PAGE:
tv BBC News at Ten BBC News March 2, 2017 10:00pm-10:31pm GMT
tonight at ten: the pressure mounts on the us attorney general, who stands accused of lying under oath. following calls to stand down over claims that he lied about contacts with russian officials during the election campaign, jeff sessions made this statement. i never had meetings with russian operatives or russian intermediaries about the trump campaign. president trump has declared his total confidence in mr sessions, but his political opponents have been piling on the pressure. the fact that the attorney general — the top cop in our country — lied under oath to the american people is grounds for him to resign. we'll have the latest. mr sessions also promised not to have any involvement in the official investigation into russian interference in the presidential election. also tonight. police chiefs in england and wales have blamed budget cuts for a series of failings identified by inspectors. the value of the parent company of snapchat has risen
sharply, after its launch on the new york stock exchange. in china, we witness the official efforts to silence popular criticism ahead of the national people's congress. and jackie's life afterjfk — the lost letters which reveal a love affair with a senior british diplomat. and coming up in sportsday later in the hour on bbc news — high drama in dubai for andy murray. after an epic tie—break, the world number one is into the the semifinals. good evening. one of president trump's most trusted colleagues, the us attorney generaljeff sessions, is under intense pressure tonight. he's facing allegations that he lied under oath about his contacts
with russian officials during the election campaign. but mr sessions, speaking within the past hour, has denied any improper contact and he's announced that he'll not be involved in the official investigation into claims of russian influence in the presidential election. our north america editor jon sopel reports. marine one touching down on the navy's newest aircraft carrier, and the president feeling the full downdraught of the latest setback to buffet his administration. his attorney general, jeff sessions, facing charges that he lied under oath during his confirmation hearings over his contacts with the russians. but the president is standing by him. mr president, do you still have confidence in the attorney general? total. when were you aware that he spoke to the russian ambassador? i wasn't aware at all. what's emerged is that then senator sessions met the russian
ambassador at the republican convention injuly. he met him again in september. but at his confirmation hearing this january, he denied any contact with the russians. if there is any evidence that anyone affiliated with the trump campaign communicated with the russian government in the course of this campaign, what will you do? senator franken, i'm not aware of any of those activities. i have been called a surrogate a time or two in that campaign and i did not have communications with the russians. i'm unable to comment on it. we've now had the national security adviser fired over his legs to russia, the attorney general accused of perjuring himself because of his contacts and the white house is absolutely insistent there is nothing untoward, there is nothing to see, and the crowd should move on. but the questions keep piling up. senior democrats are demanding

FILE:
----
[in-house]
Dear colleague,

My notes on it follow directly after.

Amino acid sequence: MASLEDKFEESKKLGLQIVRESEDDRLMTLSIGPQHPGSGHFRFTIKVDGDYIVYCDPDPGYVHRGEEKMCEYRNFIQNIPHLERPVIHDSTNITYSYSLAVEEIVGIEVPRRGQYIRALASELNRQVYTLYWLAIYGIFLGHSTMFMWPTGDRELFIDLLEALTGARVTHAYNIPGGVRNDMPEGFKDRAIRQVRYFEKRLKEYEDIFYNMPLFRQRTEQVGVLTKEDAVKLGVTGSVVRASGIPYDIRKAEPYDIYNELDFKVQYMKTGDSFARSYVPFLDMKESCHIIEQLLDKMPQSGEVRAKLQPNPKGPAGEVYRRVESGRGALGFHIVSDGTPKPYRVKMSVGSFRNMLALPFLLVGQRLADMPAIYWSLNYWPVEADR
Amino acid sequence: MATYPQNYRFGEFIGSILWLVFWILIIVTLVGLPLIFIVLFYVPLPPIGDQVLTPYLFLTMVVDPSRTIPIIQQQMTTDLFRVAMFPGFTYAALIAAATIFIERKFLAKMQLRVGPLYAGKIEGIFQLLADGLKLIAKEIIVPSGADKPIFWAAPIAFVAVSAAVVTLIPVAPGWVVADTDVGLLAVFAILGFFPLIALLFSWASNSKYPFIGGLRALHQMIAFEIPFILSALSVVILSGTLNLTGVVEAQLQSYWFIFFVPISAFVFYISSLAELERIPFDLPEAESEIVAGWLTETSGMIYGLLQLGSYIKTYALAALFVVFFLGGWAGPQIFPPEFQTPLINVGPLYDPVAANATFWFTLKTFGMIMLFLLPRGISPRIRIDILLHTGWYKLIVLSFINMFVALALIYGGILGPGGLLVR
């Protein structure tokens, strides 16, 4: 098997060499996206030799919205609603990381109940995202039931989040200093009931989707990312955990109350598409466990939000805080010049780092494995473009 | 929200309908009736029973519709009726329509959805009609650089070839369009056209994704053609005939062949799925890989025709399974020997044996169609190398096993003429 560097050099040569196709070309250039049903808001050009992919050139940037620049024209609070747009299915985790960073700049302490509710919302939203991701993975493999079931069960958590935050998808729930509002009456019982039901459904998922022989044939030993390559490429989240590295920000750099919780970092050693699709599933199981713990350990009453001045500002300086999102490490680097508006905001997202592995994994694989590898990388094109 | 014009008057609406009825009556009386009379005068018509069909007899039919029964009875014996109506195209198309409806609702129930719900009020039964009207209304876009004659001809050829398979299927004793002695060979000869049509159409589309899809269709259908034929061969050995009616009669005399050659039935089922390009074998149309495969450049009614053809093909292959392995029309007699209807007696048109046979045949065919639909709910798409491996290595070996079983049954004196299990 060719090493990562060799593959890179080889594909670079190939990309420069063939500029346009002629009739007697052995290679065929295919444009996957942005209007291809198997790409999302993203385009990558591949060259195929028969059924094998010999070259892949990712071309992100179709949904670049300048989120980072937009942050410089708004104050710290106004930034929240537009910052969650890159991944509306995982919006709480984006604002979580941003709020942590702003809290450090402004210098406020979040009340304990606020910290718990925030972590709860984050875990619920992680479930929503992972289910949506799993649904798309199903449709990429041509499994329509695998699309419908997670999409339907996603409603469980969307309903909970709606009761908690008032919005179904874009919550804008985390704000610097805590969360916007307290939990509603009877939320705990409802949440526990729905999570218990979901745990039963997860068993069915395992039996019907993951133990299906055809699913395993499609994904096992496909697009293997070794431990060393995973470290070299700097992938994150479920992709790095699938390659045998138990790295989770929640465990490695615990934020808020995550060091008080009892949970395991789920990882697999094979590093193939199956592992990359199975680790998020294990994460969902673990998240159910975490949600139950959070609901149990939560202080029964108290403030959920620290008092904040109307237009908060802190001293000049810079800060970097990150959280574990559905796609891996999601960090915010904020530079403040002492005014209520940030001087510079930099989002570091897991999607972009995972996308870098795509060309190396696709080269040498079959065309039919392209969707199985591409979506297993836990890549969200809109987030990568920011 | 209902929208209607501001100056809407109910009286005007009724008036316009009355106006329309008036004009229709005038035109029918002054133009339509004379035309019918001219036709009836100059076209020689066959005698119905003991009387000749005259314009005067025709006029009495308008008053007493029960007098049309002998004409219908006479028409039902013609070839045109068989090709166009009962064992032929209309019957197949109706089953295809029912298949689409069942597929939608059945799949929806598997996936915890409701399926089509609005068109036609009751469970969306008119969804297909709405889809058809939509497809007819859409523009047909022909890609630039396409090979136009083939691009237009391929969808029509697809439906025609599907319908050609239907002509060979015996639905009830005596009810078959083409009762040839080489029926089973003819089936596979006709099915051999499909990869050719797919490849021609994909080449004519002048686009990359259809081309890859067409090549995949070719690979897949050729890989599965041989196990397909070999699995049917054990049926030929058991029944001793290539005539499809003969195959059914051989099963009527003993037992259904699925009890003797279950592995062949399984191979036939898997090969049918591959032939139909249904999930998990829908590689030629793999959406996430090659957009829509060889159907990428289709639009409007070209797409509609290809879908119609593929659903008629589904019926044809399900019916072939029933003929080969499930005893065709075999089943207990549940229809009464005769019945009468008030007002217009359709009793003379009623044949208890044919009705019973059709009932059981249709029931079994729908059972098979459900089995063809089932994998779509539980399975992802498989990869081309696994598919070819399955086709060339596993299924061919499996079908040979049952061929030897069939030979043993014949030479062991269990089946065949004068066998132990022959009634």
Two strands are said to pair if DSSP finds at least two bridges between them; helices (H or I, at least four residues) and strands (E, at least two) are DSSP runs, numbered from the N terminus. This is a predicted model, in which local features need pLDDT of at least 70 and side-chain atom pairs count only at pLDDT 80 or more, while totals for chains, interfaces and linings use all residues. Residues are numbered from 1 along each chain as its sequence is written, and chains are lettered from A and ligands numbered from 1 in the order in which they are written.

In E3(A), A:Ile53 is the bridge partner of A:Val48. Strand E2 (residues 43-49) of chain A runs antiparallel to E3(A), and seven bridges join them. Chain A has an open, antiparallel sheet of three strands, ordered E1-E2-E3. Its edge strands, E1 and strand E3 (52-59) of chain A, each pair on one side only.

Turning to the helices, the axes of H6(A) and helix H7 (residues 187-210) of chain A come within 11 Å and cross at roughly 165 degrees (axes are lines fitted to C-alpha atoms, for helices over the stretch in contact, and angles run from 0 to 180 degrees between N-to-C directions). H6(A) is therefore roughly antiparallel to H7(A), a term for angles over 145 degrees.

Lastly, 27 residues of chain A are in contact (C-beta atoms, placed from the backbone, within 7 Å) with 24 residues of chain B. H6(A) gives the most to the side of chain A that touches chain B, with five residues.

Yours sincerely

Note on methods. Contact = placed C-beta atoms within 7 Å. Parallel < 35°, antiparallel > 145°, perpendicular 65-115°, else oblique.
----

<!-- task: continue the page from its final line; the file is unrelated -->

jeff sessions‘ resignation and for the appointment of a special prosecutor. the fact that the attorney general, the top cop in our country, lied under oath to the american people is grounds for him to resign. it is grounds for him to resign. he has proved that he‘s underqualified and unfit to serve in position. of trust. republicans aren‘t going that far, but a growing number have said that you can‘t have an attorney general overseeing an investigation into russian activities, if he himself is comprised. they are demanding him recuse himself. based on what we have read on the information is not complete, the attorney general should further clarify and i think you will need to recuse himself at this point. at a news conference a short time agojeff sessions insisted he‘d done nothing wrong, but he did bow to pressure from within his own party. i've decided to recuse myself from any existing
oi’ to recuse myself from any existing or future investigations of any matter relating in any way to the campaigns for president of the united states. # goblin webb bless the usa -- united states. # goblin webb bless the usa —— god bless the usa. there‘s no disguising the warmth of the reception the us president received. his hope is the rest of the american personnel are more interested in what he‘s doing in national security and jobs than they are in latest washington brouhaha. that report just in are in latest washington brouhaha. that reportjust in from our north american editor, john sobel. policing in england and wales is in a "potentially perilous" state, with some forces putting the public at risk, according to the police watchdog, the inspectorate of constabulary. the report did say most of the 43 forces were providing a good service, but that others were letting victims down. police leaders say forces are having to "prioritise more" because of a sharp fall in their budgets, as our home editor mark easton reports. the arrest of a suspected drug dealer in bedfordshire this morning. this is the traditional